We could easily take these meanings and understand the poem’s lines in their sexual context, or we could dive further into the multiplicity of Essbaum’s La Linguiste. Where “in the language each term has its value through its contrast with all the other terms,” Essbaum’s lines produce new meanings in contrast to their context and word multiplicity (Saussure 88).  In one instance, the “dangling modifier” gives us the picture of a flaccid penis, but in the second phrase we learn that the modifier no longer dangles, indicating an erection. However, in a grammatical sense, a dangling modifier modifies, or explains, a word not found in the sentence. For a dangling modifier to “no longer dangle,” it must have found the word that it modifies, (in which we can assume in this context that it has found the word “vagina,” and that it is about to modify it considerably). The multiplicity of the words both function correctly in the sentence, yet they both maintain the same sexual semantics.

Similarly, we see this function in the aforementioned tingling “genitives.” The phonetic/structural recognition and context allow us to interpret her meaning, but the fact that “genitives,” in the grammatical sense, constitute a relationship, generally of a possessor, could further the sexual significance. While it seems that she is the possessor of her genitals in this line, it could indirectly show the power struggle within this sexual relationship. When Essbaum continues with “they conjugated. Elatedly,” the audience constructs the meaning of this line from phonetic/structural similarities or root knowledge (49).  They understand that the two characters in the poem are having sex. However, what makes this phrase interesting is the understanding of what grammatically affects conjugations in a sentence. The connection between person, gender, aspect, or mood and the possible affect they can have in regards to the sex in the poem spurs at least a little brow curling. In looking at the broad context of La Linguiste, there seems to be a power struggle within the sex. The idea of possession of genitals, or sex that is affected and changed by the gender of those involved, brings forth issues of gender relations that deserve further analysis.

Again, in a later line, “when he inserted his expletive,” can be analyzed multiplisticly (49). We can understand that, in the context of the sentence in relationship to the sexually charged poem, expletive represents the man’s dick, even if we do not have the definition of expletive in our personal dictionary. The context is clear. If we understand that the definition of “expletive” includes the word dick (or cock or other similar representations of the penis), then we can see how the second meaning also aligns with the context of the sentence. It serves to replace the “bad” word that the expletive signifies. However, it could further suggest that the expletive, the dick, is a meaningless word – just filler. If the genitals are something to be owned, and the penis is a meaningless modifying agent, what are we to understand of the intercourse taking place in the poem?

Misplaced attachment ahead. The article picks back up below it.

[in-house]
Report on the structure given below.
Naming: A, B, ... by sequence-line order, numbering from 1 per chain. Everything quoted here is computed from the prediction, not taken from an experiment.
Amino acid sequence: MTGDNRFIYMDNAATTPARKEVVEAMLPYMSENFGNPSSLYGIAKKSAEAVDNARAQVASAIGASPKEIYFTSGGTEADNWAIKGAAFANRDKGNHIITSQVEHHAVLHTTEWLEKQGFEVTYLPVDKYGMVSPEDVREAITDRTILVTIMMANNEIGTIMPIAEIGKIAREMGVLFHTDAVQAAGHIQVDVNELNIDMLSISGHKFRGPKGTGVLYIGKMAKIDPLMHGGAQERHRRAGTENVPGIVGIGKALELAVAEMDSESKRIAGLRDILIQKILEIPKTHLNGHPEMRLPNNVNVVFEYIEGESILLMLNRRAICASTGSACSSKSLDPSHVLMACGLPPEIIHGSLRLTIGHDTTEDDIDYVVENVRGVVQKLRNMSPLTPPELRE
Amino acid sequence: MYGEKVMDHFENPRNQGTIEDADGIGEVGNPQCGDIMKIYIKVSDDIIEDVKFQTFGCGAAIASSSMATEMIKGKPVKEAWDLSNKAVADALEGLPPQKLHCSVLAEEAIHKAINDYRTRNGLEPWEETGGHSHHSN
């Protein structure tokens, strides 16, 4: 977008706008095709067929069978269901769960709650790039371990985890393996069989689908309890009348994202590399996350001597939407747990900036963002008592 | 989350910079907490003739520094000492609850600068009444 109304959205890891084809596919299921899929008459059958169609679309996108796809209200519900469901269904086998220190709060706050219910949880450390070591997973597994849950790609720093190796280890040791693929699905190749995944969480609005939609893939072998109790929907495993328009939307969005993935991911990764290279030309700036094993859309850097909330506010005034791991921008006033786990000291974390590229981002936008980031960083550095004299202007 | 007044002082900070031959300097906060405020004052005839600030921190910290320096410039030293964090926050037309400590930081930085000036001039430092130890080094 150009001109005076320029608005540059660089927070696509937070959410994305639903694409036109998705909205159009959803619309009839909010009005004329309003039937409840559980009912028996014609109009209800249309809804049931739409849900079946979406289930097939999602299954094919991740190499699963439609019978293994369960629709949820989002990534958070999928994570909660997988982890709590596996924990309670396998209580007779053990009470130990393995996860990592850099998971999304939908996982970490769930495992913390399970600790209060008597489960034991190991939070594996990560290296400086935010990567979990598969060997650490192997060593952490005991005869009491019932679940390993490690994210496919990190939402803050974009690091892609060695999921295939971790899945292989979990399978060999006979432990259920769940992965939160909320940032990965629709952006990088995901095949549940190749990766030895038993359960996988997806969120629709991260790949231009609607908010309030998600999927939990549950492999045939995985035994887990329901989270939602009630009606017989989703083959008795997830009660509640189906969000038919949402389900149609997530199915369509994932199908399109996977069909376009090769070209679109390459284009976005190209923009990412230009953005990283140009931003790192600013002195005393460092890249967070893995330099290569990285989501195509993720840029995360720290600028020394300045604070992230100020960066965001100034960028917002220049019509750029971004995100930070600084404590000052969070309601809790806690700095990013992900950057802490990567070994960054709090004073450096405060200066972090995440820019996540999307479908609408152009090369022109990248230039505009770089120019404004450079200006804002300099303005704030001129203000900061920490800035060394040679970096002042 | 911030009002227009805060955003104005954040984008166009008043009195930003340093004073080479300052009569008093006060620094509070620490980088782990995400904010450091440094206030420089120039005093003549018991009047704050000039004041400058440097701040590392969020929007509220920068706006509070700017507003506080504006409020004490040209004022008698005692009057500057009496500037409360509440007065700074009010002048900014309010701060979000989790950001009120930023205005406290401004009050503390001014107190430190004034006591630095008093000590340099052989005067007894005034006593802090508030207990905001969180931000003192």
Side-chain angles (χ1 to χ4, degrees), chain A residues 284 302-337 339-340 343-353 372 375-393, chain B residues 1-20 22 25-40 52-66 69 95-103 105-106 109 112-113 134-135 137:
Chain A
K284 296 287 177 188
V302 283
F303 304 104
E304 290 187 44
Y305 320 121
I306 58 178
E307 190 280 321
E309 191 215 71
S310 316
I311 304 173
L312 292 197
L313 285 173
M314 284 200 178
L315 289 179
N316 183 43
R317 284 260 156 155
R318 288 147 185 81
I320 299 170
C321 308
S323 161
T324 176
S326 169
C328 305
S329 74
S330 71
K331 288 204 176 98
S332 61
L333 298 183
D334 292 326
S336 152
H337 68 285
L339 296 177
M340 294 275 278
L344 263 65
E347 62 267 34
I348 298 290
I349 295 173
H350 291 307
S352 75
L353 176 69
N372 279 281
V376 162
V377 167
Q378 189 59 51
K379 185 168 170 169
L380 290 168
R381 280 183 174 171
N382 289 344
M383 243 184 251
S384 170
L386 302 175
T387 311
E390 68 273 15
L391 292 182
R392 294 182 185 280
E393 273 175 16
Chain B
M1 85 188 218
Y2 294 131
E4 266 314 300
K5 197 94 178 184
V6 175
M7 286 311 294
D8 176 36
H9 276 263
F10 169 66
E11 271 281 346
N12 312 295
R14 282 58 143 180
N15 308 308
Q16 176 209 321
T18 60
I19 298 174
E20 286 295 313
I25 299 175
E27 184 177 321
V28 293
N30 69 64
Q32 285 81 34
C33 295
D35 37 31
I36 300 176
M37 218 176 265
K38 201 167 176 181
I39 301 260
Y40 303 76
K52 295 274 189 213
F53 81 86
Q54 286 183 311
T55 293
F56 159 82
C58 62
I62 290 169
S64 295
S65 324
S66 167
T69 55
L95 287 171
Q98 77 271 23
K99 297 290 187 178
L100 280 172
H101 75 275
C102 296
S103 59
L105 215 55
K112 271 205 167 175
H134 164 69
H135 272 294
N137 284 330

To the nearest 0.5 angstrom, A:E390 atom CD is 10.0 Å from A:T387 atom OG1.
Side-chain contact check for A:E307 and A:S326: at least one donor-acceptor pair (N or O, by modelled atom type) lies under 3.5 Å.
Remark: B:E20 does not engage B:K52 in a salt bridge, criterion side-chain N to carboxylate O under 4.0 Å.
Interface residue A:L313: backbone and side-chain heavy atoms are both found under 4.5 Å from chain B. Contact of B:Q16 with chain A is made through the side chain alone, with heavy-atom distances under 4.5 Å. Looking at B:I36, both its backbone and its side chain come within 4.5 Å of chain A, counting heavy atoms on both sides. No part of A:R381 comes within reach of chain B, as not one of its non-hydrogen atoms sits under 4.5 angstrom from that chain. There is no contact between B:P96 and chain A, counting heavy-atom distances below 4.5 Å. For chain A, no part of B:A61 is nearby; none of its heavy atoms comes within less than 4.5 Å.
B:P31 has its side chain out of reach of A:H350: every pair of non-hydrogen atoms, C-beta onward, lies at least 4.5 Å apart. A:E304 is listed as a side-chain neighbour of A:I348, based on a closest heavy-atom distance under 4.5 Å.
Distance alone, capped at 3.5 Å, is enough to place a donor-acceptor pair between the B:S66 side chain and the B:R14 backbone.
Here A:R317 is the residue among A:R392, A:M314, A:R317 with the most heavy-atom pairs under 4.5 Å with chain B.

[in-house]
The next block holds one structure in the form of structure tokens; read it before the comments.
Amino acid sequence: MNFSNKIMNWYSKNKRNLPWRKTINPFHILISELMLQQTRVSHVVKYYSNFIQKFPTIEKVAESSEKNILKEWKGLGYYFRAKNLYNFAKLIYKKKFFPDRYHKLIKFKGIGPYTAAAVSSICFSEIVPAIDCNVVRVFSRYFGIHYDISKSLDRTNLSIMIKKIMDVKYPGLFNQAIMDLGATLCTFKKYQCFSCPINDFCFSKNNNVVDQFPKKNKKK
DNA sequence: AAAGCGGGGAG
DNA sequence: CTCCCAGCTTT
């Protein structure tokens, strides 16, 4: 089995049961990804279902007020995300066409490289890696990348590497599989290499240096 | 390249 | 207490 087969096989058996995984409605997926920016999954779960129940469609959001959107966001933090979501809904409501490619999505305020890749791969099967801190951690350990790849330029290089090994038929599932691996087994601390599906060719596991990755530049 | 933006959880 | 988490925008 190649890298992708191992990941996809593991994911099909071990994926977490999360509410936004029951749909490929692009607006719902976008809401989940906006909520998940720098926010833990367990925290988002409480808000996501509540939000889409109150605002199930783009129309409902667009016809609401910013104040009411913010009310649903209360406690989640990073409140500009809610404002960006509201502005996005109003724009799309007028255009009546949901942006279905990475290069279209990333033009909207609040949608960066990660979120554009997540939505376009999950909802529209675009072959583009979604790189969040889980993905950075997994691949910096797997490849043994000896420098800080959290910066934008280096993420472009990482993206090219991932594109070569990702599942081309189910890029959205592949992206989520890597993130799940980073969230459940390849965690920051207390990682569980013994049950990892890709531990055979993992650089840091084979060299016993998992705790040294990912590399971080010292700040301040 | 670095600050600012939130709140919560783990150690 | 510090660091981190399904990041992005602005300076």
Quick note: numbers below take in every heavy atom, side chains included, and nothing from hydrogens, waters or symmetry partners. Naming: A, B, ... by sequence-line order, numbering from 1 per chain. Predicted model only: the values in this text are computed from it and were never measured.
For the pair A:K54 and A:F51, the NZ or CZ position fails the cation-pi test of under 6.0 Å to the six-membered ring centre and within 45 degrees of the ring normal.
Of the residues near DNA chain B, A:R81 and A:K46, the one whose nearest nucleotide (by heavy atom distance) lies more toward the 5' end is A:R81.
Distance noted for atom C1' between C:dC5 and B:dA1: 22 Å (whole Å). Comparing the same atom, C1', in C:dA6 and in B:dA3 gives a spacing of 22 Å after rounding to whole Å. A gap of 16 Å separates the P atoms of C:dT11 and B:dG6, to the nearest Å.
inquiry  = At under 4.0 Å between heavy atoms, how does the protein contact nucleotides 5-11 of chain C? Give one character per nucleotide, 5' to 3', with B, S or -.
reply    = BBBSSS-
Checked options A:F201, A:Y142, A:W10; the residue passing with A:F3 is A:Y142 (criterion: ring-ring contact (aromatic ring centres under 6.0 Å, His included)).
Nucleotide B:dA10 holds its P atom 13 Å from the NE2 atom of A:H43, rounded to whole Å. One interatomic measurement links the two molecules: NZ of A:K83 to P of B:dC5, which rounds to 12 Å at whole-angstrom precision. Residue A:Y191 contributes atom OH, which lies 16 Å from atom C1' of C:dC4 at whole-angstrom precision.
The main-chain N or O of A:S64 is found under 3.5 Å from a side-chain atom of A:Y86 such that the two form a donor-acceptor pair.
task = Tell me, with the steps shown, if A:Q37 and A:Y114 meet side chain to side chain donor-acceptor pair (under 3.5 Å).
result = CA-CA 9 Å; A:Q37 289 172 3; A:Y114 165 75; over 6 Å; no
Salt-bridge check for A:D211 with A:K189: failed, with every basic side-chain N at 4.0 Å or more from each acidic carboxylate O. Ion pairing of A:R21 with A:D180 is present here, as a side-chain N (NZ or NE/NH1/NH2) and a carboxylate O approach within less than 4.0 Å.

Ironically, while Essbaum “discovered / surprisingly enough, that ‘to ejaculate’ / did not simply mean shouting Fire! / in a crowded lobby,” we discover, in reading Essbaum, that there are many words that carry multiple meanings, and that we must not only deconstruct the sign’s multiple meanings and analyze them as separate entities – we must also take in the collective natures of their meanings. However, this is the linguist’s approach to the text. In reality, the “sign is ‘arbitrary because the meaning of a word […] depends solely upon the conventional use of the word by the community” (Waterman 307). So while the reading will appeal to both basic audiences and linguistically informed audiences, the audience attributes the meaning to the words that they have collected from their speech communities – they will interpret the words based on their personal vocabulary.

In writing La Linguiste, Essbaum has established a distinction between readers and the communities they belong to. Just as “if the audience belongs to a different culture, then we may have to consider the possibility that it may either not know what democracy is r it may know it in a very different form,” we must consider the limitations presented in La Linguiste for various audiences to understand the depth of meaning (Politzer 320).  To some, ejaculation “simply might mean shouting fire in a crowded lobby,” but to some it might mean something completely different. Since individuals possess tailor made dictionaries, each will approach the poem with a different understanding, so that ejaculation might simply mean whatever image that it signifies to the individual.